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Poly(ADP-Ribose) Polymerase Activation and Nitrosative Stress in the Development of Cardiovascular Disease in Diabetes

  • Pál Pacher
  • Csaba Szabó
Part of the Contemporary Cardiology book series (CONCARD)

Abstract

Macro- and microvascular disease are the most common causes of morbidity and mortality in patients with diabetes mellitus (DM). Diabetic vascular dysfunction is a major clinical problem, which underlies the development of various severe complications including retinopathy, nephropathy, neuropathy, and increase the risk of stroke, hypertension, and myocardial infarction (MI). Hyperglycemic episodes, which complicate even well-controlled cases of diabetes, are closely associated with oxidative and nitrosative stress, which can trigger the development of cardiovascular disease. Recently, emerging experimental and clinical evidence indicates that high-circulating glucose in DM is able to induce oxidative and nitrosative stress in the cardiovascular system, with the concomitant activation of an abundant nuclear enzyme, poly(ADP-ribose) polymerase-1 (PARP). This process results in acute loss of the ability of the endothelium to generate nitric oxide (NO; endothelial dysfunction) and also leads to a severe functional impairment of the diabetic heart (diabetic cardiomyopathy). Accordingly, neutralization of peroxynitrite or pharmacological inhibition of PARP protect against diabetic cardiovascular dysfunction. The goal of this chapter is to summarize the recently emerging evidence supporting the concept that nitrosative stress and PARP activation play a role in the pathogenesis of diabetic endothelial dysfunction and cardiovascular complications.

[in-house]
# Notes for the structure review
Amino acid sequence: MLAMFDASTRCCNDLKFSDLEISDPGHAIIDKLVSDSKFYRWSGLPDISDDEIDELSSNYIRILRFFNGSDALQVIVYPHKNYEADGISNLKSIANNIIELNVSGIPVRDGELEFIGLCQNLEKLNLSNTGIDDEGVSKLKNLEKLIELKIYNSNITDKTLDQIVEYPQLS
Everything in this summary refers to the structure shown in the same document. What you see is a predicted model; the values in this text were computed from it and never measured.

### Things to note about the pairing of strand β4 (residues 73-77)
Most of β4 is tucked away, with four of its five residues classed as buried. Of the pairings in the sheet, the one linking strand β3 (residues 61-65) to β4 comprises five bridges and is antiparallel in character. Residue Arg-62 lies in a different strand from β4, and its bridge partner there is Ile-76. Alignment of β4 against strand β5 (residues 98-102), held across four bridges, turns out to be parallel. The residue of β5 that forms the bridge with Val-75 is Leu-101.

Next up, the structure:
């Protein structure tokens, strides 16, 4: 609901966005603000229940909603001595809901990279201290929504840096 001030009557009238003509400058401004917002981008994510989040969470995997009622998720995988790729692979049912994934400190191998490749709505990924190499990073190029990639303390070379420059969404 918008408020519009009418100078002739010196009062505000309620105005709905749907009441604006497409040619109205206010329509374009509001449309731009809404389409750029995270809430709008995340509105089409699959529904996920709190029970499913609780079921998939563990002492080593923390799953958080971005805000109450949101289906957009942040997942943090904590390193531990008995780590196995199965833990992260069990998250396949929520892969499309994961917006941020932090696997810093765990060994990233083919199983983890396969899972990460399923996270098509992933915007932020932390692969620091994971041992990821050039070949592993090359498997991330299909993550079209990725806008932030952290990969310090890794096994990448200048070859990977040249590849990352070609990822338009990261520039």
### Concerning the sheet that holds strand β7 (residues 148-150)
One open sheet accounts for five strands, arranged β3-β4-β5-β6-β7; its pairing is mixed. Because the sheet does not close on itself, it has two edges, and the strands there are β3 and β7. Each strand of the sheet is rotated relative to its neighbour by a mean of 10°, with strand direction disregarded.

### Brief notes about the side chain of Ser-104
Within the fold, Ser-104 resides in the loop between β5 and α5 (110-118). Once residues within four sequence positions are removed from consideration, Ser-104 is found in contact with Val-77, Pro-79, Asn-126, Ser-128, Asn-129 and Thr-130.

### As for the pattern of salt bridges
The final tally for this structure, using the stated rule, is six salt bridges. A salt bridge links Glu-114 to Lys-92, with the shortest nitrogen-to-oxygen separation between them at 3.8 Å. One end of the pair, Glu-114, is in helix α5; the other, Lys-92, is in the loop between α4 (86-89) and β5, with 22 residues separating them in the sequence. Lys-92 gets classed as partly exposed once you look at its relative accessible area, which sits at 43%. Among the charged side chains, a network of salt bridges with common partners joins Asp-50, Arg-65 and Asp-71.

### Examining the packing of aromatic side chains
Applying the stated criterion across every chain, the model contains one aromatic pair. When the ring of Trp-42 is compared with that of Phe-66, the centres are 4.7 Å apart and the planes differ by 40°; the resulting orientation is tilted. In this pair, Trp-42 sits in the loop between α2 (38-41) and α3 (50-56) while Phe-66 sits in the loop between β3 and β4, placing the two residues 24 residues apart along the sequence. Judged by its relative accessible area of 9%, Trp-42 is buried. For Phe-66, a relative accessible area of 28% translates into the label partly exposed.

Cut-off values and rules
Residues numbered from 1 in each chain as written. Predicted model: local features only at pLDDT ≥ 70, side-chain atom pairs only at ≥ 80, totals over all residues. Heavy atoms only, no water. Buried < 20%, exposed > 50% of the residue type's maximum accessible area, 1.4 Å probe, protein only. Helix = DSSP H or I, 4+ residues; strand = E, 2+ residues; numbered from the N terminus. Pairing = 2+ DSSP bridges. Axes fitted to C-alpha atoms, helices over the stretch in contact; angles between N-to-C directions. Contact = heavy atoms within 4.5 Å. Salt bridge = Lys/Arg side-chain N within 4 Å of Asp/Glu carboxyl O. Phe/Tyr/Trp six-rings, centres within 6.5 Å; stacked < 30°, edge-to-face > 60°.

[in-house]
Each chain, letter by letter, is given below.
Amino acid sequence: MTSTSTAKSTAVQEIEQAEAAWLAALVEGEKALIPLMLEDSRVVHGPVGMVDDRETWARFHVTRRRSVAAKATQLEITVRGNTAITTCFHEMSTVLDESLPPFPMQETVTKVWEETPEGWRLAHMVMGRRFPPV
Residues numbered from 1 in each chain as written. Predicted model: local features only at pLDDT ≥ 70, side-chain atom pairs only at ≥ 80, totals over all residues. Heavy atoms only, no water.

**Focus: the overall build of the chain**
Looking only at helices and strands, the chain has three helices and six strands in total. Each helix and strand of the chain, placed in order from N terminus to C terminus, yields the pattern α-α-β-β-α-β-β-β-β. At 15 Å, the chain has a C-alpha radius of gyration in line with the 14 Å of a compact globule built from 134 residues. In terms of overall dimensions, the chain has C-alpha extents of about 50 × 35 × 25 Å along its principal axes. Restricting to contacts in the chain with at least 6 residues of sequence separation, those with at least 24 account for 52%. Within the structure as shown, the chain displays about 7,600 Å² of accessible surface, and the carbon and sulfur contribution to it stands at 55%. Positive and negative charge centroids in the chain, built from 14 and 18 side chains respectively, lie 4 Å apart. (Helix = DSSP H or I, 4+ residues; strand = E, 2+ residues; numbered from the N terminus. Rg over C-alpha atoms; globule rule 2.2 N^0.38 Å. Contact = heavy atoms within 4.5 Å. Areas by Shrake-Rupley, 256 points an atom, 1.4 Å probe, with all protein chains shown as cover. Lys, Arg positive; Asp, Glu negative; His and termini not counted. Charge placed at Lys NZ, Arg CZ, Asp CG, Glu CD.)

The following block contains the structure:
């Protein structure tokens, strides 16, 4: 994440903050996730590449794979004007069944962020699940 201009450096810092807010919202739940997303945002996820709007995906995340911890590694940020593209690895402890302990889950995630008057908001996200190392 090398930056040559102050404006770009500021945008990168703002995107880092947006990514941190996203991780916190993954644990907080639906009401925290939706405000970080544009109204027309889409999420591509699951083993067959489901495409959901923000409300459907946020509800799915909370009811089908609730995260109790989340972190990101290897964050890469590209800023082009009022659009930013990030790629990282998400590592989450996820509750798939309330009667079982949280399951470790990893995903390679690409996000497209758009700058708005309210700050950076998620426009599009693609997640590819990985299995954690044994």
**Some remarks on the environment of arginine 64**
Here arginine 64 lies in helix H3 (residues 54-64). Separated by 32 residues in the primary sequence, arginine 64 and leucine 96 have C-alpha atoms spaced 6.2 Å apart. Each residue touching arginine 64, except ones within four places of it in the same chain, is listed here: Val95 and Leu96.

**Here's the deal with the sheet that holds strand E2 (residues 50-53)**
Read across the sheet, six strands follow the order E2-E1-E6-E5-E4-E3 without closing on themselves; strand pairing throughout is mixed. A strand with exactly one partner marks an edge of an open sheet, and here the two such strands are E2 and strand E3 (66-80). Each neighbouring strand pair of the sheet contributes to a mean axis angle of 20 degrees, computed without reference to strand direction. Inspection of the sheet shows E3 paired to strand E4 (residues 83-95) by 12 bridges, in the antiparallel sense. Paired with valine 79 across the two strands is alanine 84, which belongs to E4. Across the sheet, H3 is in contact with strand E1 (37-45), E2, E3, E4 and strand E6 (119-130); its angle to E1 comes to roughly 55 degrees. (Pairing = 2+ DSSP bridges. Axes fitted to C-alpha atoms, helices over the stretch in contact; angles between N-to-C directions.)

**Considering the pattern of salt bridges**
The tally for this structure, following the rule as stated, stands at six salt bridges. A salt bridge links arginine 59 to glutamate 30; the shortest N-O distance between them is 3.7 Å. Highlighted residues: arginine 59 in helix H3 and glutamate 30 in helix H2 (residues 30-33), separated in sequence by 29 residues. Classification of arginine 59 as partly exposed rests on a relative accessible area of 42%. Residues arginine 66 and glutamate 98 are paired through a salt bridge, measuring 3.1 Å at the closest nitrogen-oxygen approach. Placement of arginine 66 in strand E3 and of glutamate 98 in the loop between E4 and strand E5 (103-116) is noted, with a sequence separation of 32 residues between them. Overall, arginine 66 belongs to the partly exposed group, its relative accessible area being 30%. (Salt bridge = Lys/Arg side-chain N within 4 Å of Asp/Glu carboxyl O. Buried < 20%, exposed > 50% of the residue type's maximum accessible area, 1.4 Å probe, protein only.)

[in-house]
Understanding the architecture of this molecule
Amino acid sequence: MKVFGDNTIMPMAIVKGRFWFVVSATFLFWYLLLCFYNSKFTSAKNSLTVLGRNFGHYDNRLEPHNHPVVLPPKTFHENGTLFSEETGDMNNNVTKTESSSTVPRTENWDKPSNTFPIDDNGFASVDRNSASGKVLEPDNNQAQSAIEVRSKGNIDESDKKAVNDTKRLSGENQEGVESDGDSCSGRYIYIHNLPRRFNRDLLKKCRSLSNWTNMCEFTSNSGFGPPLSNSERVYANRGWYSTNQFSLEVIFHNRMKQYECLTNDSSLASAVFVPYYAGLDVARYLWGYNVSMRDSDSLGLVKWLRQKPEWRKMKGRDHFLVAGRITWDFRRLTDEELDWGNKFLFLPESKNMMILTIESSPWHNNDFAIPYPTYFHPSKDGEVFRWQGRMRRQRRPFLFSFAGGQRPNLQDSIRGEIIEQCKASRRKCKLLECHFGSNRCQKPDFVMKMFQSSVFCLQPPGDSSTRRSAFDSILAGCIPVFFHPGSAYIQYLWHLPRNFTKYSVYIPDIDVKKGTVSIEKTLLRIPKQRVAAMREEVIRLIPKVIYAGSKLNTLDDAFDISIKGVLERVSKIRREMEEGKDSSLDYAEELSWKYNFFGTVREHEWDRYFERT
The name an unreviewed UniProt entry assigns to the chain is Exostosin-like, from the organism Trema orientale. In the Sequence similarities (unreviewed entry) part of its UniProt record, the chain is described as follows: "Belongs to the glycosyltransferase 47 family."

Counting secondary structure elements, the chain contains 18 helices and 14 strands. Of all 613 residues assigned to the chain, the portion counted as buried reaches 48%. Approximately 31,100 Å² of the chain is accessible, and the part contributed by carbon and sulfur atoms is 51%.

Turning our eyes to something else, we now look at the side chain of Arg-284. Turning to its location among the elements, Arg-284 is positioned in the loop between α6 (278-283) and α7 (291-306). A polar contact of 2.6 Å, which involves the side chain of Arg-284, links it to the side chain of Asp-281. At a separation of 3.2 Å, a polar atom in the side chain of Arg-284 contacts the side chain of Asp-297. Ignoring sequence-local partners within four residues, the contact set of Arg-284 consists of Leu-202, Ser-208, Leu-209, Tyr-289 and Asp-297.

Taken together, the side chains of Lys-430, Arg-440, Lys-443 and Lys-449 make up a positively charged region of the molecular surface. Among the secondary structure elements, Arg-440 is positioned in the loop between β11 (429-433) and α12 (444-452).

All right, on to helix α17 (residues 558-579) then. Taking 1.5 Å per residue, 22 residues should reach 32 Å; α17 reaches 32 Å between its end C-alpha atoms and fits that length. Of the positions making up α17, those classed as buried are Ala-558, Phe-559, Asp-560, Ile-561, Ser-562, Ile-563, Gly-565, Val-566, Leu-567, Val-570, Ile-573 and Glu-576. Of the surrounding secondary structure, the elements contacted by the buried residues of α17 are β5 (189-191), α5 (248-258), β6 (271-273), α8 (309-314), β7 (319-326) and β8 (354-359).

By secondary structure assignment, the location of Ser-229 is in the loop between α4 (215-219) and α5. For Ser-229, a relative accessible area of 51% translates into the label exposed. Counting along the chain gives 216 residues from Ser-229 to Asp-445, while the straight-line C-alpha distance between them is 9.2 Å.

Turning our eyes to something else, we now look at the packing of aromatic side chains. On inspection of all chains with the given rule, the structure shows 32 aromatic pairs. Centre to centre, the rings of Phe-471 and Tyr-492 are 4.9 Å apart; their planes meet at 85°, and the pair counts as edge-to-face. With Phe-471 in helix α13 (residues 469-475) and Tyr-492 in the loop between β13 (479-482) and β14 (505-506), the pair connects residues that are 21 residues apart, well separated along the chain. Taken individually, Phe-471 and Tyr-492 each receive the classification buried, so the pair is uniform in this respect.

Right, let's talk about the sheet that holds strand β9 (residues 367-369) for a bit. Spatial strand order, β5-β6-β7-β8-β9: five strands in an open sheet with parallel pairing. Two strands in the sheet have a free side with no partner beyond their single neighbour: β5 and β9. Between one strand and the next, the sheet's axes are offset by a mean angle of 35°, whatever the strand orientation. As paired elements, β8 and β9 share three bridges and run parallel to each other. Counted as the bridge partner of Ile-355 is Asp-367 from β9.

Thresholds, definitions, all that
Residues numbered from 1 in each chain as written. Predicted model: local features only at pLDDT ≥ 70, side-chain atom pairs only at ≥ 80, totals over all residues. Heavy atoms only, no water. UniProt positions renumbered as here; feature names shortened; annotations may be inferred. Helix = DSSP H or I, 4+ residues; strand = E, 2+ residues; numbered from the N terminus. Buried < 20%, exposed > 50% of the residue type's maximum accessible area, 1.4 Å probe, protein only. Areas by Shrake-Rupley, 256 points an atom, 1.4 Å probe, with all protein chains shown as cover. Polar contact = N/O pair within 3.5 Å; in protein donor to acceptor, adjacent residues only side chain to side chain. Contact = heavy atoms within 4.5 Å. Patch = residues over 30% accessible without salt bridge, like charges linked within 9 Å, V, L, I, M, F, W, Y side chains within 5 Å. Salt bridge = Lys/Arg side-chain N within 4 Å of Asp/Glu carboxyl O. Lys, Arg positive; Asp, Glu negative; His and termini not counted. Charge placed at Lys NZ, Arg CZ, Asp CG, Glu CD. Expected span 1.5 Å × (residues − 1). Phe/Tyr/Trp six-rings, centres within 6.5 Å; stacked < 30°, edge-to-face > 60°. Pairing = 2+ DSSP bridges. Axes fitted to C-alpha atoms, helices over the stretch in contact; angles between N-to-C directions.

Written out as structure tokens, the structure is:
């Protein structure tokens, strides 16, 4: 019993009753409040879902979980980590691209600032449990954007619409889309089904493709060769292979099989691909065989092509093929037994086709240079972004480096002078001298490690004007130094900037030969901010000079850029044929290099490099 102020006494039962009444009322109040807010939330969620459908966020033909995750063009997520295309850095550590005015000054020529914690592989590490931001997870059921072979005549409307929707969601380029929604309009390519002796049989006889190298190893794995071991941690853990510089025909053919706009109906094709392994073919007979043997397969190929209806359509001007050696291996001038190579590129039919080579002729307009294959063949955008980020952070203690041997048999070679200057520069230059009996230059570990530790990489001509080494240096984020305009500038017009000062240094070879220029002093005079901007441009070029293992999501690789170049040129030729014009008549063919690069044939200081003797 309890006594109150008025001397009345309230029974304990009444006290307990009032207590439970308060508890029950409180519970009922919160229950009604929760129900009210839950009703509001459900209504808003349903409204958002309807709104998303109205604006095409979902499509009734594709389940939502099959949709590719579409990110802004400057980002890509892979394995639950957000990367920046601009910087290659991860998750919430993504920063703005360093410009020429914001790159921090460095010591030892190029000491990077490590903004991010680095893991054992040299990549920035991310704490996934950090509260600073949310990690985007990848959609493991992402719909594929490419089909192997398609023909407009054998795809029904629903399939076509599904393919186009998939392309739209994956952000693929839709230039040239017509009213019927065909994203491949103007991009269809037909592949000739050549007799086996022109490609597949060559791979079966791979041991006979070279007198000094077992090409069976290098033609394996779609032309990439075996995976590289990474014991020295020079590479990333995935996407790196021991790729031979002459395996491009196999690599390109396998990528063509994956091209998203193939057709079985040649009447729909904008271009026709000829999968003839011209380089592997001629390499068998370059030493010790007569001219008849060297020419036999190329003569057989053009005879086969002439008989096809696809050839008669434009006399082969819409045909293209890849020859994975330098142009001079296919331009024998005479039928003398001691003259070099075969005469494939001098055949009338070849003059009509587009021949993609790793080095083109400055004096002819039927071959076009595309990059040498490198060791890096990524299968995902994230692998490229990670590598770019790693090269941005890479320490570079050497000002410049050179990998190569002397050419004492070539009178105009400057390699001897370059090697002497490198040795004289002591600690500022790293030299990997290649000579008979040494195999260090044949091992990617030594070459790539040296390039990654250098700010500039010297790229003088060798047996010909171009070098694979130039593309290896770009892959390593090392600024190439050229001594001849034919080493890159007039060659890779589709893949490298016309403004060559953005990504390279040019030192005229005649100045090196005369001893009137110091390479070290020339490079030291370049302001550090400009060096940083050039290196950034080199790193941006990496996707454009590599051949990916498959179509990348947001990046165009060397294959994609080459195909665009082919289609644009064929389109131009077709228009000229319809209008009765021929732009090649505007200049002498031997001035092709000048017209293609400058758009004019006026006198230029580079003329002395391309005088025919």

Keywords

Endothelial Dysfunction Polymerase Activation PARP Inhibitor Diabetic Cardiomyopathy Nitrosative Stress 
These keywords were added by machine and not by the authors. This process is experimental and the keywords may be updated as the learning algorithm improves.

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Copyright information

© Humana Press Inc., Totowa, NJ 2005

Authors and Affiliations

  • Pál Pacher
    • 1
    • 2
    • 3
  • Csaba Szabó
    • 1
    • 4
  1. 1.Inotek PharmaceuticalsBeverly
  2. 2.Laboratory of Physiologic Studies, National Institute on Alcohol Abuse and AlcoholismNational Institutes of HealthRockville
  3. 3.Institute of Pharmacology and PharmacotherapySemmelweis UniversityBudapestHungary
  4. 4.Department of Human Physiology and Experimental ResearchSemmelweis UniversityBudapestHungary

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